According to Pam Tate, CAEL's president and CEO, a LiLA is simply an employer-matched, portable, worker-owned account used to finance career-related education and training for all levels of employees.
It is similar in concept to a 401(k), but as of right now, unlike a 401(k), there are no tax benefits to a LiLA (although bills are currently pending in both the House and Senate that would offer tax credits to employers and employees).
"LiLAs are all about learning things to make you employable for a lifetime, and making your company more competitive at the same time," Tate says. "America today has a skills shortage, even under the current economic downtown. People keep saying we have to do something to spur individuals to get training and improve their skills, and LiLAs are a great way to do it."
Tate adds that based on CAEL's surveys, 98 percent of employees with LiLAs pick skills training and education related to improving their careers. In other words, any fears an employer might have that workers will waste the opportunity are unfounded, she says.
"Tuition assistance is a great benefit, but it has limitations and restrictions," Tate says. "Today, if an employer is trying to be an employer of choice, it has to offer benefits that are better than the competition's."
Litow says the $40 million IBM has earmarked for LiLAs is in addition to the $600 million the company already spends annually on career training. Outside the company, he expects ILA-like programs will begin to receive more attention and flourish when (and if) federal tax credits become a reality. As for how many IBMers will participate, Litow says he expects that, based on estimates, 10 percent to 20 percent of eligible employees will initially sign on for ILAs.
Interestingly, Litow says, since IBM announced the program last July, about a dozen large companies have asked Big Blue for more information about the ILA.
"We shared with them our thinking and how this fits into our strategy, as well as why it's good to get employees thinking about expanding their skills outside of the normal career training process," he says.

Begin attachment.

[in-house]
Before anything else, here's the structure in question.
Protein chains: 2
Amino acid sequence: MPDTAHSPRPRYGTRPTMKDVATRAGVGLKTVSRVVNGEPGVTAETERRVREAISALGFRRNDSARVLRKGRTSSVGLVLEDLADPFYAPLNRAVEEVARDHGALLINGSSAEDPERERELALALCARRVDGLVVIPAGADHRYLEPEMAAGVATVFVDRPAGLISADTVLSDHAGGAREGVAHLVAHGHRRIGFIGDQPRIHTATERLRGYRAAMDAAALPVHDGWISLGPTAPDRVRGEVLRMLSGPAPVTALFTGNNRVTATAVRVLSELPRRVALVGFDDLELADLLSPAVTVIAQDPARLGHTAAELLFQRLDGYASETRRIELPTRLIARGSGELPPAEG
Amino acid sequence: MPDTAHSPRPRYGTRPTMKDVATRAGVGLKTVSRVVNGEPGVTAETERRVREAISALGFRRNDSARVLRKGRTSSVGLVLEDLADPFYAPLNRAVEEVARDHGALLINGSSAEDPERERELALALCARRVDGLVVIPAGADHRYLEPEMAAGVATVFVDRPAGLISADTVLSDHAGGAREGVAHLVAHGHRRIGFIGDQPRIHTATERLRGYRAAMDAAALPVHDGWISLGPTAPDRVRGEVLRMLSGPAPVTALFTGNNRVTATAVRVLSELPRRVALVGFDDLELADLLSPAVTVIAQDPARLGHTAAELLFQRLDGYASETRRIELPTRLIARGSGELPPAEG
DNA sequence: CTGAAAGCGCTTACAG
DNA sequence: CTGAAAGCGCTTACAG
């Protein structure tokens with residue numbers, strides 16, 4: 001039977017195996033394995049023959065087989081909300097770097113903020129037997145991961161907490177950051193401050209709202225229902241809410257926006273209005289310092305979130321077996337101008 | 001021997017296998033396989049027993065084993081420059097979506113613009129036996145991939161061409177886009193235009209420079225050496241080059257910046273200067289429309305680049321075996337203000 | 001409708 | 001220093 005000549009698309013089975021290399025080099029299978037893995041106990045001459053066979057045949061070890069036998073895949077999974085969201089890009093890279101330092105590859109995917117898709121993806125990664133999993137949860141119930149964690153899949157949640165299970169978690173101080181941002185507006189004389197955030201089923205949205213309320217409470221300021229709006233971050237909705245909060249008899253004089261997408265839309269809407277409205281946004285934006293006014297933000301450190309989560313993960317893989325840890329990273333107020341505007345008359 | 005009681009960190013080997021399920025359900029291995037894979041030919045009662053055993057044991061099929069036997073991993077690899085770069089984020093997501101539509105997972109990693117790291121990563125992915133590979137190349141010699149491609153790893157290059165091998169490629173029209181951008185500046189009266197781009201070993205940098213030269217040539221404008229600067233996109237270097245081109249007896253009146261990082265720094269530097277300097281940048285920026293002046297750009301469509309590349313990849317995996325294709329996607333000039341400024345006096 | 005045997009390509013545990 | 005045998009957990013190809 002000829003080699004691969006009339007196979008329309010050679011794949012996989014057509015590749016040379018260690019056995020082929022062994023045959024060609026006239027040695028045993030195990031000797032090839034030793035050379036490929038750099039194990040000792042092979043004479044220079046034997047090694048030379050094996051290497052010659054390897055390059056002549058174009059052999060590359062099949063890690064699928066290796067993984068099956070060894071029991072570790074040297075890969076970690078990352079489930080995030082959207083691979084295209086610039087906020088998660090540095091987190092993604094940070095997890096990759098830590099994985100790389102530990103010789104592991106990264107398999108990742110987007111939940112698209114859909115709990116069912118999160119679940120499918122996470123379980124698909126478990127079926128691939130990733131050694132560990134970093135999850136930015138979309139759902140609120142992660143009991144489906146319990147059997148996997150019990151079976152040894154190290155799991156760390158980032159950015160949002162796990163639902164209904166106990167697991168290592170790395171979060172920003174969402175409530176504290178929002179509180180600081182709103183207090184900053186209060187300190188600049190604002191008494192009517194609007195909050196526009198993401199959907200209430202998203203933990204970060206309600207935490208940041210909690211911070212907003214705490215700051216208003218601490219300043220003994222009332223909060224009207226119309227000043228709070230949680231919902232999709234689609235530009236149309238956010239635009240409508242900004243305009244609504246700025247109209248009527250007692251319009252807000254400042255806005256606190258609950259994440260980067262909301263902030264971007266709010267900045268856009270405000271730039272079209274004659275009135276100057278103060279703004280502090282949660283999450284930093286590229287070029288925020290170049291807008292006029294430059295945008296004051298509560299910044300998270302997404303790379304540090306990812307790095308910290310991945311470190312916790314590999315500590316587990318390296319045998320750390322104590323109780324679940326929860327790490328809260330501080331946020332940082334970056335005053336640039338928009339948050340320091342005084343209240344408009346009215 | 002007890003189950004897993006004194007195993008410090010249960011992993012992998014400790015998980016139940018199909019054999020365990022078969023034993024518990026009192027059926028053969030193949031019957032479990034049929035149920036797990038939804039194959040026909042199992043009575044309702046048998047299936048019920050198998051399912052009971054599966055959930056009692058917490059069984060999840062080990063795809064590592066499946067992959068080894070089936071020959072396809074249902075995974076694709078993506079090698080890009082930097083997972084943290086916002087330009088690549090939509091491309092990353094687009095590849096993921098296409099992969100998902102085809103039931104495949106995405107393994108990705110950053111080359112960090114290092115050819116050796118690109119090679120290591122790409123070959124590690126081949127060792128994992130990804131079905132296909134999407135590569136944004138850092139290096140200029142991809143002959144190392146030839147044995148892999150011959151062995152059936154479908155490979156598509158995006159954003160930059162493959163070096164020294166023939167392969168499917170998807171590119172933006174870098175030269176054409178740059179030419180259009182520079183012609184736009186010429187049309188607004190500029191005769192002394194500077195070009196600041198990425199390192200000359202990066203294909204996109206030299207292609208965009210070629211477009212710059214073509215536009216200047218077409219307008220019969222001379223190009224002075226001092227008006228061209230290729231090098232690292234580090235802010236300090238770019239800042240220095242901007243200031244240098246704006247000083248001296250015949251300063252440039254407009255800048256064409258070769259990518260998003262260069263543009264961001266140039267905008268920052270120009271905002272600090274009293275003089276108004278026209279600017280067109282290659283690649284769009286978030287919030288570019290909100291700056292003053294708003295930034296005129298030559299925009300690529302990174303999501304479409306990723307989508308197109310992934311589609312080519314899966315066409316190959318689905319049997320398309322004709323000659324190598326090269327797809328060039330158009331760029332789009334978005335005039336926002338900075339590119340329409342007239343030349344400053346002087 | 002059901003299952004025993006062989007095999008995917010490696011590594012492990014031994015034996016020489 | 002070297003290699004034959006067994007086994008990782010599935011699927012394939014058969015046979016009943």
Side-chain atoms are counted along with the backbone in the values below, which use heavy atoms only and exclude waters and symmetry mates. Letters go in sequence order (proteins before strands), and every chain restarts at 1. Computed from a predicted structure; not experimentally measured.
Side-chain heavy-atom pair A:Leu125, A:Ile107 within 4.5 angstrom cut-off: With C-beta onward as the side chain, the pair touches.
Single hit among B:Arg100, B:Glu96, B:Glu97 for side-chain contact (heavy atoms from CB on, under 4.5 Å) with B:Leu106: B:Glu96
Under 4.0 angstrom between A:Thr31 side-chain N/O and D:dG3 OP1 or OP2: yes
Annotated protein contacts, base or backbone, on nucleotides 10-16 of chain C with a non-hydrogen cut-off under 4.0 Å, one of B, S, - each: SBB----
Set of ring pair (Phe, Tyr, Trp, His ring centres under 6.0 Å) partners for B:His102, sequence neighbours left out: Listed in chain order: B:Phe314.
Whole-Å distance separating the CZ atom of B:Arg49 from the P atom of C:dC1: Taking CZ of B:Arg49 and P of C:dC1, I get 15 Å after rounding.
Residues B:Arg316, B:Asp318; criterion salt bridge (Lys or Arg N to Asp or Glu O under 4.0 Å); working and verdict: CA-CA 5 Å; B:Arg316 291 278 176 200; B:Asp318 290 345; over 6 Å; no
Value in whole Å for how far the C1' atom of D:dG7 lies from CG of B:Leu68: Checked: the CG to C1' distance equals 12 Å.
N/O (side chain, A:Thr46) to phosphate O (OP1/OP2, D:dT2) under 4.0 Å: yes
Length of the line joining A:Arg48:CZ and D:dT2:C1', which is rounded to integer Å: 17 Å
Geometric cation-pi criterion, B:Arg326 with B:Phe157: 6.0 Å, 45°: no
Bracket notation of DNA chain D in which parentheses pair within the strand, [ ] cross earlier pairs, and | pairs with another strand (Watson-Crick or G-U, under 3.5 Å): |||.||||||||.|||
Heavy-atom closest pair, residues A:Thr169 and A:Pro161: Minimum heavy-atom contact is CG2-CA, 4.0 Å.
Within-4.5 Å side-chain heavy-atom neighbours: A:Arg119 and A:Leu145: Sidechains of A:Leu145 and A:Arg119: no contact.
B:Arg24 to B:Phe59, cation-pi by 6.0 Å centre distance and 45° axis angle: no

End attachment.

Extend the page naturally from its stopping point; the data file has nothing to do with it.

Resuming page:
Litow says the standard model for skills training -- a company wants a group of employees to improve their skill sets in a certain area, so it spends money on training geared to those skills -- may become obsolete. In today's global economy, IBM is discovering that skills are changing at a much faster rate than before, he says. Plus, he adds, it's not even clear which skills will still be needed in the future.
Then there's the added benefit of keeping talent within the fold, as well as enticing new talent to come to IBM. "We believe ILAs will be a very valuable talent retention and recruitment tool," Litow says.
Getting the Green Light
At BJC HealthCare, Chief Learning Officer JoAnn Shaw says that after seeing Amy Sherman, CAEL associate vice president, deliver a presentation about LiLAs back in 2004, it took Shaw all of 10 minutes to realize this was something her company could use, and in a hurry.
"I was fascinated by it," says Shaw, who is a CAEL board member. "As I sat in that meeting, listening to Amy talk about LiLAs, I knew this was something we needed to do." The reason?
The company sees lifelong learning for its employees as crucial, and LiLAs struck her as a way to eliminate any barriers that might stand in the way of learning opportunities.
Shaw, BJC's top HR executive at the time, went to Steve Lipstein, president and CEO, and discussed implementing LiLAs at the company. Within a year, BJC had a LiLA program. Today, there are 1,200 or so employees (compared to 50 in 2005) taking advantage of the dollar-matching program, which offers a match of up to $500 annually per employee. (Since then, Shaw became director of the Center for Lifelong Learning, BJC HealthCare's award-winning, in-house learning program. Lipstein offered her the job as an enticement to remain with the company.)
"[The LiLA] is set up to run alongside our tuition-reimbursement program, but people also use it for courses that are not eligible for tuition assistance," Shaw says. She adds that LiLAs are especially well-suited for healthcare organizations because employees in clinical care areas, for example, are expected to earn continuing education credits, not all of which are covered by tuition assistance.
In addition, BJC HealthCare's CLL, which ranks first in healthcare and 19th overall in the American Society for Training & Development's 2007 BEST awards program, is working out tuition discounts and partnerships with local universities. For example, St. Louis University offered discounts if BJC HealthCare could deliver a cohort group of 40 employees. It turned out to be more like 250.